This is a bit of creative writing that I've debated whether to share or not. I finally decided to go for it. I've embellished it with a few photo illustrations I made in Photoshop years ago. Please let me know what you think (criticisms are always welcome here). Thank you.
When spring migration kicks off in April, I get so excited. After months of cold temperatures and gray skies, the sweet singing of the arriving migrants begins. These avian friends, who finally see fit to leave their warm wintering grounds to grace our still chilled woods, put pep in my step for weeks on end with their melodies. It's easy to get excited about spring for lots of reasons. Longer days, shorter nights, warmer temperatures, blooming flowers and trees, brightly colored birds... everything is waking up after months of dormancy.
Getting excited about fall, however, takes a little more effort. I'm reluctant to part with summer and its long-lingering daylight (true, parting is such sweet sorrow). The heat and humidity I have no problem bidding farewell, but the shortening days just break my heart. And so I have to look to other aspects of the changing season to find its true worth.
I love the fog that settles in the valleys overnight, and the way it diffuses the day's first light and illuminates every cobweb.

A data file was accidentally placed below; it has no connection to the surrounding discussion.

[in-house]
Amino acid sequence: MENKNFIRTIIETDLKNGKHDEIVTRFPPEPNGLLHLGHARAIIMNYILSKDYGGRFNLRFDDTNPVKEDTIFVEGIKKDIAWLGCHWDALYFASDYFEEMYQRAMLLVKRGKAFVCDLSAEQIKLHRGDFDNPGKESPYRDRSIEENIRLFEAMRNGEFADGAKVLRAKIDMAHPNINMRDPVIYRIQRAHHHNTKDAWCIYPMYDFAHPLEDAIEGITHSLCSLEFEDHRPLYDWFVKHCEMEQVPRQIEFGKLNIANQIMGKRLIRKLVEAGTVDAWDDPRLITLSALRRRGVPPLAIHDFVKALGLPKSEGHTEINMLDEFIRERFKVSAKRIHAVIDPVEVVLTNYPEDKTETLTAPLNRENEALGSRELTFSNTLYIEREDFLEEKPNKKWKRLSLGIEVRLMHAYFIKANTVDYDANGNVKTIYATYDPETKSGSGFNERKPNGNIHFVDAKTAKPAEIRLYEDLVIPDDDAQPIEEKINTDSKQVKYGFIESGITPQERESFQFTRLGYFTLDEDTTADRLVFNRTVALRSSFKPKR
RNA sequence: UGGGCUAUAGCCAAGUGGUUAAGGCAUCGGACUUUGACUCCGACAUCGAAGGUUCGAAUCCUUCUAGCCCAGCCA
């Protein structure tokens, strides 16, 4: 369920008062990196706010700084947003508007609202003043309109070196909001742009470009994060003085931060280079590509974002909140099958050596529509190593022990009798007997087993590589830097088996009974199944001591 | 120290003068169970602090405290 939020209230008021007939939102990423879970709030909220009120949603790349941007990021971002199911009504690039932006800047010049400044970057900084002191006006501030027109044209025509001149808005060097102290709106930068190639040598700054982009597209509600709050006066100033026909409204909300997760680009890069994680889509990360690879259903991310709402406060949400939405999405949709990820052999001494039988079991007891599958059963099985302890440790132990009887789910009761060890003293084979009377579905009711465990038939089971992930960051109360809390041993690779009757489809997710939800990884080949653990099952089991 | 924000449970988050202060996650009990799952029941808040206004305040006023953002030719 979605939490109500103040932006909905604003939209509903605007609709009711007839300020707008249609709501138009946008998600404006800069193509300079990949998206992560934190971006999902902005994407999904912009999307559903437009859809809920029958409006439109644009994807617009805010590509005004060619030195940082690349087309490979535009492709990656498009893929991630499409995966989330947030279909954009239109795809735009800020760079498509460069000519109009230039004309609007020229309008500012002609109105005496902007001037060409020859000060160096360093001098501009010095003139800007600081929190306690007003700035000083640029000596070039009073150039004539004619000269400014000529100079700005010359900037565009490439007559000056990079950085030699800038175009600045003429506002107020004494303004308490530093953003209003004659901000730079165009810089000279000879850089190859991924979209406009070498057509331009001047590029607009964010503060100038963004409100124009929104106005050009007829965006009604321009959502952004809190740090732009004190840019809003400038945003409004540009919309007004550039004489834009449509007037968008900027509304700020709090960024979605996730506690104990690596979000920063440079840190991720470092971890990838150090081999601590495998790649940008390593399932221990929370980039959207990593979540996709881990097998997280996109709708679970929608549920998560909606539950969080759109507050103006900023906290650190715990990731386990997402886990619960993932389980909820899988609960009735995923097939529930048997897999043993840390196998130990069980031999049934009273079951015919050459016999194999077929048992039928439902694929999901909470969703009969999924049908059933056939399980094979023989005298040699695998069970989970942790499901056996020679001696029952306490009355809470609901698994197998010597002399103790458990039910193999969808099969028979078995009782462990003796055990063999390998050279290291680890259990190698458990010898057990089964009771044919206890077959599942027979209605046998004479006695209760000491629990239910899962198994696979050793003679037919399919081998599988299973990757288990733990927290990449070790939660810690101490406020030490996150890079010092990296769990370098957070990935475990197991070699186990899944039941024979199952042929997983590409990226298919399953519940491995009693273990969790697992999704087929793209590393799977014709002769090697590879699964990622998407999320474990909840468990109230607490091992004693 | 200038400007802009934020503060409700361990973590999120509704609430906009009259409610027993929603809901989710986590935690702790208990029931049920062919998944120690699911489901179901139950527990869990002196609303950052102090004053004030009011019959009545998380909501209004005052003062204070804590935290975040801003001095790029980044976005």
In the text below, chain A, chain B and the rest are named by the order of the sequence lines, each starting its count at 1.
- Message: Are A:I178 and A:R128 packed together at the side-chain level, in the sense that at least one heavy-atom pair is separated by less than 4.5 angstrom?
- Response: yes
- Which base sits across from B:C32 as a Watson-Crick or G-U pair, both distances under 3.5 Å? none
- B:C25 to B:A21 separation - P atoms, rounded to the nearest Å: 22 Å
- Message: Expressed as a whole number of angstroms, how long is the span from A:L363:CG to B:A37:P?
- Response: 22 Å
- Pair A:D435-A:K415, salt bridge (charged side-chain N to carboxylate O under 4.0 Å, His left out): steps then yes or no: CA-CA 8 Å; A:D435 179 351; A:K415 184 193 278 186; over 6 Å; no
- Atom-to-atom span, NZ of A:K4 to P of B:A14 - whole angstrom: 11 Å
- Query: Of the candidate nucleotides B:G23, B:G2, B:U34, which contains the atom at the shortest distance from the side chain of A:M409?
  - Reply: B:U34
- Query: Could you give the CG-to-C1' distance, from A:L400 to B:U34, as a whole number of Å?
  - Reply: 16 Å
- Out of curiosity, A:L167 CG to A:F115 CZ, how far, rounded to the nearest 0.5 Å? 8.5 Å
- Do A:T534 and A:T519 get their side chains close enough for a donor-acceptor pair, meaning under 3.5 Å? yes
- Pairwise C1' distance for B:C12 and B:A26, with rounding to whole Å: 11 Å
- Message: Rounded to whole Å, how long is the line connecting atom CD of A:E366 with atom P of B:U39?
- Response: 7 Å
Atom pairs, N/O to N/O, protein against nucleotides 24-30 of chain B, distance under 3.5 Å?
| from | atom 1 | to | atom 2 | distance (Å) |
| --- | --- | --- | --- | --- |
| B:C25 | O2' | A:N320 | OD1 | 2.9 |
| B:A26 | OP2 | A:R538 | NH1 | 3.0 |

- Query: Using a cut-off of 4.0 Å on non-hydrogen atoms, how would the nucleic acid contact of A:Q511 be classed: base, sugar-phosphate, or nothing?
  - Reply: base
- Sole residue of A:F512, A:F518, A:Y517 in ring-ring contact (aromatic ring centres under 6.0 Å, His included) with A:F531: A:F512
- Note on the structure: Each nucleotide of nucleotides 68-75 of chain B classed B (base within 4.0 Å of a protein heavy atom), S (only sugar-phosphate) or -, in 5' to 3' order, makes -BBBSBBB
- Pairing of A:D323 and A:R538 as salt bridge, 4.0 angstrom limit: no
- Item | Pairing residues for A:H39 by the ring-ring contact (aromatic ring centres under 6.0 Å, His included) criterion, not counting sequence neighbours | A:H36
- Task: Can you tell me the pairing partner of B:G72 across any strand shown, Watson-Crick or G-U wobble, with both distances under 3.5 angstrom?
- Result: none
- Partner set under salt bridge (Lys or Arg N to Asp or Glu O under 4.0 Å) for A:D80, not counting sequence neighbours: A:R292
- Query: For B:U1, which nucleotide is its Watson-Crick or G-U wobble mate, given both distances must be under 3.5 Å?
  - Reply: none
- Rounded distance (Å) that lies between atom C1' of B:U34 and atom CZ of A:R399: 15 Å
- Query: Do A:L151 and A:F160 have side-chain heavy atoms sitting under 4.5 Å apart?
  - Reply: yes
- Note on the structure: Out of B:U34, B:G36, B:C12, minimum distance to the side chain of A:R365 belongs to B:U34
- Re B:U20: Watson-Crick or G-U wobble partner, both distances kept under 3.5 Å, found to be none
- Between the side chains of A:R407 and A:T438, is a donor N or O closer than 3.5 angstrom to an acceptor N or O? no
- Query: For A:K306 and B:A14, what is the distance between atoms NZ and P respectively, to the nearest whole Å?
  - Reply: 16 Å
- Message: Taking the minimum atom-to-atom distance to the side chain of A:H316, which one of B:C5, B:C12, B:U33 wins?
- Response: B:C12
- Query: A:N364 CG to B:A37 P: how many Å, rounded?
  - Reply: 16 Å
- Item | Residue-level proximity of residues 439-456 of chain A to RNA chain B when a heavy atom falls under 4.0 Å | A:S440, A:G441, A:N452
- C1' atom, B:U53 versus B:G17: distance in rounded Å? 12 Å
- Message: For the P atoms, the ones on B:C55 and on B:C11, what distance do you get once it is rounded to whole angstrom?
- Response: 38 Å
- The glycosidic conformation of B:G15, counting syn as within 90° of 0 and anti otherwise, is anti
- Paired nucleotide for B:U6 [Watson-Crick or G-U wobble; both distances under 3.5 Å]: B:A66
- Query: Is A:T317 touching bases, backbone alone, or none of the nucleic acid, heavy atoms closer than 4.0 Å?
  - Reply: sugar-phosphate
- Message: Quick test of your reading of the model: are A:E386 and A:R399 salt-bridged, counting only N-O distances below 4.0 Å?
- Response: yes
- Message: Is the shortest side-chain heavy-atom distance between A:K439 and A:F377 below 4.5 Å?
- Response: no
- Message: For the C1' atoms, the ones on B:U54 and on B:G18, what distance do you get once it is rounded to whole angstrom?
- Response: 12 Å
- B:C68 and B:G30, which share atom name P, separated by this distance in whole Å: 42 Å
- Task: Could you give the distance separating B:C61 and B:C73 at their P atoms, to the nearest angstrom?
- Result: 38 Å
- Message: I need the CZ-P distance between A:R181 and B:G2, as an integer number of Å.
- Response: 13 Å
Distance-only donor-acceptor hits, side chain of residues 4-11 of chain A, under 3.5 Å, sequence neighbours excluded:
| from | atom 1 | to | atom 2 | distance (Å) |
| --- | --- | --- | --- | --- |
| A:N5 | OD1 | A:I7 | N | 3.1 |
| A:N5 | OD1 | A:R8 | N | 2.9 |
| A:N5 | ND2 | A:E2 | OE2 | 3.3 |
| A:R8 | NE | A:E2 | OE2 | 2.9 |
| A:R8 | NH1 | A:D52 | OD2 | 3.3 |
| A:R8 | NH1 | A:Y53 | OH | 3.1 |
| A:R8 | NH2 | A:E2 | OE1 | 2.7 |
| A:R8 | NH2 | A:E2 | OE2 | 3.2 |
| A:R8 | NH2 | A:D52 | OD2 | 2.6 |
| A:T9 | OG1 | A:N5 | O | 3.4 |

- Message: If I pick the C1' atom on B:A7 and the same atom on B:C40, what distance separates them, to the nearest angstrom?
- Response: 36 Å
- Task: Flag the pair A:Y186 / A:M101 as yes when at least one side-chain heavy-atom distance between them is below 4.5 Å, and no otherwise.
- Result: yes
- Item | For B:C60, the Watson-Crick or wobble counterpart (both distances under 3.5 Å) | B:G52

I love the unmistakable smell in the air - a combination of newly fallen leaves and the intensified perfume of damp earth.
I love the changing landscape as the trees melt into their finest colors before disrobing for their long winter's nap.
And I love the smell of smoke as the human inhabitants of these hills put their first logs on the fire to ward off the cool northwest winds.
While spring is a time of newness and excitement, with bright life around every corner, the waning days of autumn bring a sense of slowing down, of contemplation. There is a renewed sense of appreciation for the cycle of life as plants go dormant and animals hibernate, and a sense of peace unknown during other seasons. The rustle of walking through crisp leaves will eventually give way to quiet padding over snow-covered ground. Quiet. Stillness. In the air, and in my mind.
After such consideration, I am ready for fall.